22. ^ Greenhous 1987, p. 26
  23. ^ Greenhous 1987, pp. 28, 69
  24. ^ Greenhous 1987, pp. 28-30
  25. ^ Berton 2001, p. 190; Porsild 1998, p. 59
  26. ^ Berton 2001, p. 207
  27. ^ Horn 2008, p. 32; Greenhous 1987, pp. 30-32
  28. ^ Horn 2008, p. 32; Greenhous 1987, pp. 31-32
  29. ^ Greenhous 1987, p. 32
  30. ^ Greenhous 1987, pp. 32-33
  31. ^ Horn 2008, p. 33; Greenhous 1987, pp. 47-48
  32. ^ Horn 2008, pp. 33-34
  33. ^ a b Horn 2008, p. 33
  34. ^ Horn 2008, pp. 36-37; Greenhous 1987, p. 131
  35. ^ Horn 2008, pp. 36-37; Greenhous 1987, p. 35
  36. ^ Greenhous 1987, p. 136
  37. ^ Horn 2008, pp. 27, 33
  38. ^ "Fort Selkirk" (PDF), Government of the Yukon, retrieved 2017; "Fort Selkirk:Power and Sovereignty", Government of the Yukon, 2002, retrieved 2017; "Fort Selkirk" (PDF), Government of the Yukon, retrieved 2017
  39. ^ a b c d "Fort Selkirk" (PDF), Government of the Yukon, retrieved 2017
  40. ^ Horn 2008, pp. 37-38
  41. ^ Horn 2008, pp. 37-38; Winslow 1952, p. 226
  42. ^ a b c Greenhous 1987, p. 209
  43. ^ Horn 2008, p. 38; Greenhous 1987, p. 210
  44. ^ Greenhous 1987, p. 207
  45. ^ a b Greenhous 1987, p. 208; Horn 2008, p. 39
  46. ^ Greenhous 1987, pp. 208-209
  47. ^ a b c d Greenhous 1987, p. 210


  • Allen, Douglas W. (2007). "Information Sharing During the Klondike Gold Rush". The Journal of Economic History. 67 (4): 1-24. ISSN 0022-0507.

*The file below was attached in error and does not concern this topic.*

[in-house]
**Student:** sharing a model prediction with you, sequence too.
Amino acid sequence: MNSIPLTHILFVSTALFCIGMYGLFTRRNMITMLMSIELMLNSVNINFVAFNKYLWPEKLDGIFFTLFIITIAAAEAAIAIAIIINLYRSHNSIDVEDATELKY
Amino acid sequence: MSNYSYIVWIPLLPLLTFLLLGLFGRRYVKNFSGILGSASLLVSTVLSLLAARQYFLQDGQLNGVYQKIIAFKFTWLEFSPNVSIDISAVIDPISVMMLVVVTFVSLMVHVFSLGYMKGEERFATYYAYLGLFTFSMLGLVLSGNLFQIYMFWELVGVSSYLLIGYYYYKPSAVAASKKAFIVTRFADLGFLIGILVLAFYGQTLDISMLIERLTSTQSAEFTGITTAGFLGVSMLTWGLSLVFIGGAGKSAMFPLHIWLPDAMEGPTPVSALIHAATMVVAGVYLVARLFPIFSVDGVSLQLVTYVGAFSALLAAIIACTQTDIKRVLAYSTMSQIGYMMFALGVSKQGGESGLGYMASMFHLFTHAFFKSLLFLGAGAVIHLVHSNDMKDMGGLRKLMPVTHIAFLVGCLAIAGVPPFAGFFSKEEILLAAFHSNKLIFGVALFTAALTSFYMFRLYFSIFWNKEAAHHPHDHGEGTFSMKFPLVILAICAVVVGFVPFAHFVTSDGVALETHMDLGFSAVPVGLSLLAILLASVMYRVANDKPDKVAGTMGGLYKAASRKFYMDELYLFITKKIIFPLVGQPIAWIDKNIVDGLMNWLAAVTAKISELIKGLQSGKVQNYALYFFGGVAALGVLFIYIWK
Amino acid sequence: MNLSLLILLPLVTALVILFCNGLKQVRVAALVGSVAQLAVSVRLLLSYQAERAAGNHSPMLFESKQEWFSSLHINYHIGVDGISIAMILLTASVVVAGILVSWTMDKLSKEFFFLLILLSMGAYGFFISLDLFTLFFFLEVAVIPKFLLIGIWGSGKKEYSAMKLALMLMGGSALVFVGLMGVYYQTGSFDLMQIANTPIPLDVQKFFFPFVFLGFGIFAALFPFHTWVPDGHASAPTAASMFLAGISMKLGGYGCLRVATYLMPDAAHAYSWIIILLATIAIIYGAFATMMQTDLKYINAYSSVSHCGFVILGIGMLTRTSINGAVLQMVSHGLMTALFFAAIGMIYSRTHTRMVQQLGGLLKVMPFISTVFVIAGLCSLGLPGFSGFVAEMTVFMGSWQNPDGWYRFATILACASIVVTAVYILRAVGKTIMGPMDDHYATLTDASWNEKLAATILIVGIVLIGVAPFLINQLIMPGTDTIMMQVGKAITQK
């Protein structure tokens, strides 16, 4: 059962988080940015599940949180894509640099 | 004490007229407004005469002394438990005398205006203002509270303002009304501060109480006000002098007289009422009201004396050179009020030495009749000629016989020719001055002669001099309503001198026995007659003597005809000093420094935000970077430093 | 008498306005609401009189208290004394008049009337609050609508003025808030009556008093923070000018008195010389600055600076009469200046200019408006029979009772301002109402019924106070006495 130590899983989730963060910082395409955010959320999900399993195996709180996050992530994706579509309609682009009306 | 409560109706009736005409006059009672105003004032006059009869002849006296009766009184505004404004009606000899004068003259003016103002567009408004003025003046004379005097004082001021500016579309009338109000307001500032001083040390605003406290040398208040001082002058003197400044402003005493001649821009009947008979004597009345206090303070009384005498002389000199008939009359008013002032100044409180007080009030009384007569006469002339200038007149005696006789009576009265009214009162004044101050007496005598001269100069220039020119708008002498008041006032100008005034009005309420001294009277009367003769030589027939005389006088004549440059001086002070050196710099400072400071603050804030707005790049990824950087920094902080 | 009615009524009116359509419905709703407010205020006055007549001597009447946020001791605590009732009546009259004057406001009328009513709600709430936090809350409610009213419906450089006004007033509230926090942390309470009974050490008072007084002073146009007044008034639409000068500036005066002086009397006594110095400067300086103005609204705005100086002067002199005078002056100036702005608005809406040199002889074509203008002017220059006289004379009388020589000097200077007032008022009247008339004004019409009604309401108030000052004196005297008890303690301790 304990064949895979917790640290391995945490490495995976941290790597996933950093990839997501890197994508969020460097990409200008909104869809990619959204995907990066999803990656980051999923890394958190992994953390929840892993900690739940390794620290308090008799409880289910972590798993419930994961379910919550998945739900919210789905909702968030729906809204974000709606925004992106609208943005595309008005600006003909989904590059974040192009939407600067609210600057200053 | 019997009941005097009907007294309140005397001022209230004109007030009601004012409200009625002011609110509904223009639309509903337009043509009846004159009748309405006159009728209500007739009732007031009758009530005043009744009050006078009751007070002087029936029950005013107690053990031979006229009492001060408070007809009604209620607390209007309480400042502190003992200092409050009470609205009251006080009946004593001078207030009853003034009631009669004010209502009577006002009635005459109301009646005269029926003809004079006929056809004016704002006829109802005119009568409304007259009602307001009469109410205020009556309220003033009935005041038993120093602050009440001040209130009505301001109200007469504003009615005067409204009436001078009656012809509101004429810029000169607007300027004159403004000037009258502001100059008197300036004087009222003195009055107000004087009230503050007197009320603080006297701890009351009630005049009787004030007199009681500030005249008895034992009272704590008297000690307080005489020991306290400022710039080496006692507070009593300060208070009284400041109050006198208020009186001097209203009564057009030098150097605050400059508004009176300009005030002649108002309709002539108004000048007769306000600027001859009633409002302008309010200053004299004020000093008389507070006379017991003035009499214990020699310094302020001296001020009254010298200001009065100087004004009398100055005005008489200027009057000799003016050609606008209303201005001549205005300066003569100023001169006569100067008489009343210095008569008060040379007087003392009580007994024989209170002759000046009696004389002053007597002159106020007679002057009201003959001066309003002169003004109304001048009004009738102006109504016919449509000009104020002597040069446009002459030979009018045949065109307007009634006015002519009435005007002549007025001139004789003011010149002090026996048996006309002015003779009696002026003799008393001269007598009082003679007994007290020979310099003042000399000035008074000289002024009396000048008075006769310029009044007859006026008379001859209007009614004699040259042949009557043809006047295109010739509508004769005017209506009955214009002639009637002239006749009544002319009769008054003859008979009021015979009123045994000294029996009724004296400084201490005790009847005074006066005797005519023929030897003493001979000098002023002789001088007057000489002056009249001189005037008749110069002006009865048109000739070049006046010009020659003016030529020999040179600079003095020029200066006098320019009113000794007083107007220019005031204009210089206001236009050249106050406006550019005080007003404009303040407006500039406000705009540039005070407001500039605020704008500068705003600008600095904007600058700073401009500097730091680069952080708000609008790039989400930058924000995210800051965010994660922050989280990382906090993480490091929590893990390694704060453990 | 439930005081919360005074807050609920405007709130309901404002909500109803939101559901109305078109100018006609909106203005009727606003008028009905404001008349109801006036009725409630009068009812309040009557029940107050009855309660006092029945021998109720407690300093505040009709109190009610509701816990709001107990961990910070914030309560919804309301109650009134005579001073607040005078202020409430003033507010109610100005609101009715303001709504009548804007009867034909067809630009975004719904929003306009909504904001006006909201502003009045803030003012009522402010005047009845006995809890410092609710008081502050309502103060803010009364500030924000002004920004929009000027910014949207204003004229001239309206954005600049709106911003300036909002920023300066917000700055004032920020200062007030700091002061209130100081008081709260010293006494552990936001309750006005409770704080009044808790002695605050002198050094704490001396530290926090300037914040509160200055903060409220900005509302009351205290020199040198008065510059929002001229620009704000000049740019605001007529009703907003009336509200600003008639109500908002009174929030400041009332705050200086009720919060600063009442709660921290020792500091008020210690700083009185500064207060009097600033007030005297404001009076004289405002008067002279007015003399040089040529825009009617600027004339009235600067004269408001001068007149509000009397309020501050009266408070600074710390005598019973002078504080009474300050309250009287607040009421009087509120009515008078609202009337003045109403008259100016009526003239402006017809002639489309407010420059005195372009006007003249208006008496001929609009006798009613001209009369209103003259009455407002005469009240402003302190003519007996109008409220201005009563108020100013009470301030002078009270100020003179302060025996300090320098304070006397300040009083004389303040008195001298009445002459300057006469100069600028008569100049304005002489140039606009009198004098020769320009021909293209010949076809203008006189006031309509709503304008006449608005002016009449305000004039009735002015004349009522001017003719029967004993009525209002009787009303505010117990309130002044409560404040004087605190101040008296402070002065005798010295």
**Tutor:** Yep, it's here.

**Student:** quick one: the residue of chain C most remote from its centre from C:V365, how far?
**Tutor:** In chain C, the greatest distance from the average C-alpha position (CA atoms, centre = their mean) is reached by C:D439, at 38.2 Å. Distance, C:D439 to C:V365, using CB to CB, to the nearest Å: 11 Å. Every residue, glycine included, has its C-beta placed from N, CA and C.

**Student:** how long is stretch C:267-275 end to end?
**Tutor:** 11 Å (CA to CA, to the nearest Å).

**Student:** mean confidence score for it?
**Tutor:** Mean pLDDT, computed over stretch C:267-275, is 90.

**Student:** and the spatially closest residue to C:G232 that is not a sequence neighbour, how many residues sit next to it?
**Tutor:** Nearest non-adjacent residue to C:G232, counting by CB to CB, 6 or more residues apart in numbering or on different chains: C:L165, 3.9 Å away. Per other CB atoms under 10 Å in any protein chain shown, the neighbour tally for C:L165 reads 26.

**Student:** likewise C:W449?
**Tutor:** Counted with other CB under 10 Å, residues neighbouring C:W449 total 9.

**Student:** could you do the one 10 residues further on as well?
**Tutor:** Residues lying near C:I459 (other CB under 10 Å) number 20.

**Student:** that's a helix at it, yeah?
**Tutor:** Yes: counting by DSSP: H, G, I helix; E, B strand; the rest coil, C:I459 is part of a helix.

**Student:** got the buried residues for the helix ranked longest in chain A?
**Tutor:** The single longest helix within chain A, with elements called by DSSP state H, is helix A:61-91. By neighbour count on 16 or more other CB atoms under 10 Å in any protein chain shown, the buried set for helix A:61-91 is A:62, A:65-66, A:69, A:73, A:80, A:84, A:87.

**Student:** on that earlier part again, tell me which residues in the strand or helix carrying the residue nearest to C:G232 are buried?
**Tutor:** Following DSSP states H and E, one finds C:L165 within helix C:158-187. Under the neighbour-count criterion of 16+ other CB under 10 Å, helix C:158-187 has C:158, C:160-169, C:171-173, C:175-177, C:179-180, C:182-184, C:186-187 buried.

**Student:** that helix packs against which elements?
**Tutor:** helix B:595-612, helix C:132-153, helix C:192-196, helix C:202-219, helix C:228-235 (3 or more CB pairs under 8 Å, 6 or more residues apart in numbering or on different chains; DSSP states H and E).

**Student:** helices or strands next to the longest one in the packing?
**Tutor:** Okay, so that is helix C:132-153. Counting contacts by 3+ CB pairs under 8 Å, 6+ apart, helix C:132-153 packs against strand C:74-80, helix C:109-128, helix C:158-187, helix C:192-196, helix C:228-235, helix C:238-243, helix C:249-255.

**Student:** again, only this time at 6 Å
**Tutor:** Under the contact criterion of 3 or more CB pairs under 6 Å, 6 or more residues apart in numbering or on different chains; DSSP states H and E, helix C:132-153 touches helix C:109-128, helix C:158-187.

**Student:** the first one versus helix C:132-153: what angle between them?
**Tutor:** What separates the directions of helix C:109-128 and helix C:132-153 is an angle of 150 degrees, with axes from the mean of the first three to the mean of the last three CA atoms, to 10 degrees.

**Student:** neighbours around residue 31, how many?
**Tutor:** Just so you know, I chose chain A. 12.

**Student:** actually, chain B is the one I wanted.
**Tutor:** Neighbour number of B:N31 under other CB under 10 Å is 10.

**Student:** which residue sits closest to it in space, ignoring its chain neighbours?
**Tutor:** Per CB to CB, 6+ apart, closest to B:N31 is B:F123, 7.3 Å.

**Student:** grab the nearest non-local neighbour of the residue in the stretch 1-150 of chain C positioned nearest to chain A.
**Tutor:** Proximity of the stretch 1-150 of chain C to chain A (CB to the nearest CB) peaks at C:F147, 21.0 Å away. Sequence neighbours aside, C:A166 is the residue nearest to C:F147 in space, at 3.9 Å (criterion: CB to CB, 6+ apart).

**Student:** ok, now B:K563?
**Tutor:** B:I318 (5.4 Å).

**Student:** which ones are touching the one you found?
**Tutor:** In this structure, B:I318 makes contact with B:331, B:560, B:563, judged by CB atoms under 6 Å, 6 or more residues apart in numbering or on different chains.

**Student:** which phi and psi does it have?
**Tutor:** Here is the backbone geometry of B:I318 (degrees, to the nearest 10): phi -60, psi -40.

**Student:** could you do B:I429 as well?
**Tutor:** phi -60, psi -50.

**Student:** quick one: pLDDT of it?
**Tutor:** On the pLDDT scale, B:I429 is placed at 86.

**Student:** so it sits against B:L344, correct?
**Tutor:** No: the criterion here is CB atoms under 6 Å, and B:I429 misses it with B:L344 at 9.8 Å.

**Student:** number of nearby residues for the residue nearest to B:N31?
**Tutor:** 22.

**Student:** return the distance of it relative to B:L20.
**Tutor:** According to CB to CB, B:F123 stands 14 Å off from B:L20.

• Berton, Pierre (2001). Klondike: The Last Great Gold Rush 1896-1899. Toronto, Canada: Anchor Canada. ISBN 978-0-385-65844-7.
  • Coates, Ken (1994). "Introduction". In Adney, Tappan (ed.). The Klondike Stampede. Vancouver, Canada: University of British Columbia Press. ISBN 978-0-7748-0489-9.
  • Fetherling, George (1997). The Gold Crusades: A Social History of Gold Rushes, 1849-1929. Toronto, Canada: University of Toronto Press. ISBN 978-0-8020-8046-2.
  • Gates, Michael (1997). Gold at Fortymile Creek: Early Days in the Yukon. Vancouver, Canada: University of British Columbia Press. ISBN 978-0-7748-0492-9.
  • Greenhous, Brereton (1987). Guarding the Goldfields: The Story of the Yukon Field Force. Toronto, Canada: Dundurn Press. ISBN 978-1-55002-028-1.
  • Horn, Bernd (2008). Establishing a Legacy: The History of the Royal Canadian Regiment, 1883-1953. Toronto, Canada and Oxford, UK: Dundurn Press. ISBN 978-1-55002-817-1.
  • Macleod, R. C. (1976). The North-West Mounted Police and Law Enforcement, 1873-1905. Toronto, Canada and Buffalo, US: University of Toronto Press. ISBN 978-0-8020-5333-6.
  • Morrison, William Robert (1974). "The North-West Mounted Police and the Klondike Gold Rush". Journal of Contemporary History. 9 (2): 93-105. ISSN 0022-0094.
  • Morrison, William Robert (1985). Showing the Flag: The Mounted Police and Canadian Sovereignty in the North, 1894-1925. Vancouver, Canada: University of British Columbia Press. ISBN 978-0-7748-0245-1.
  • Porsild, Charlene (1998). Gamblers and Dreamers: Women, Men, and Community in the Klondike. Vancouver, Canada: University of British Columbia Press. ISBN 978-0-7748-0651-0.
  • Winslow, Kathryn (1952). Big Pan-Out: The Klondike Story. London, UK: Phoenix House. OCLC 465425340.
  • Wright, Allen A. (1976). Prelude to Bonanza: The Discovery and Exploration of the Yukon. Sidney, Canada: Gray's Publishing. ISBN 978-0-88826-062-8.
  • Zaslow, Morris (1971). The Opening of the Canadian North, 1870-1914. Toronto, Canada: McClelland and Steward. ISBN 978-0-7710-9072-1.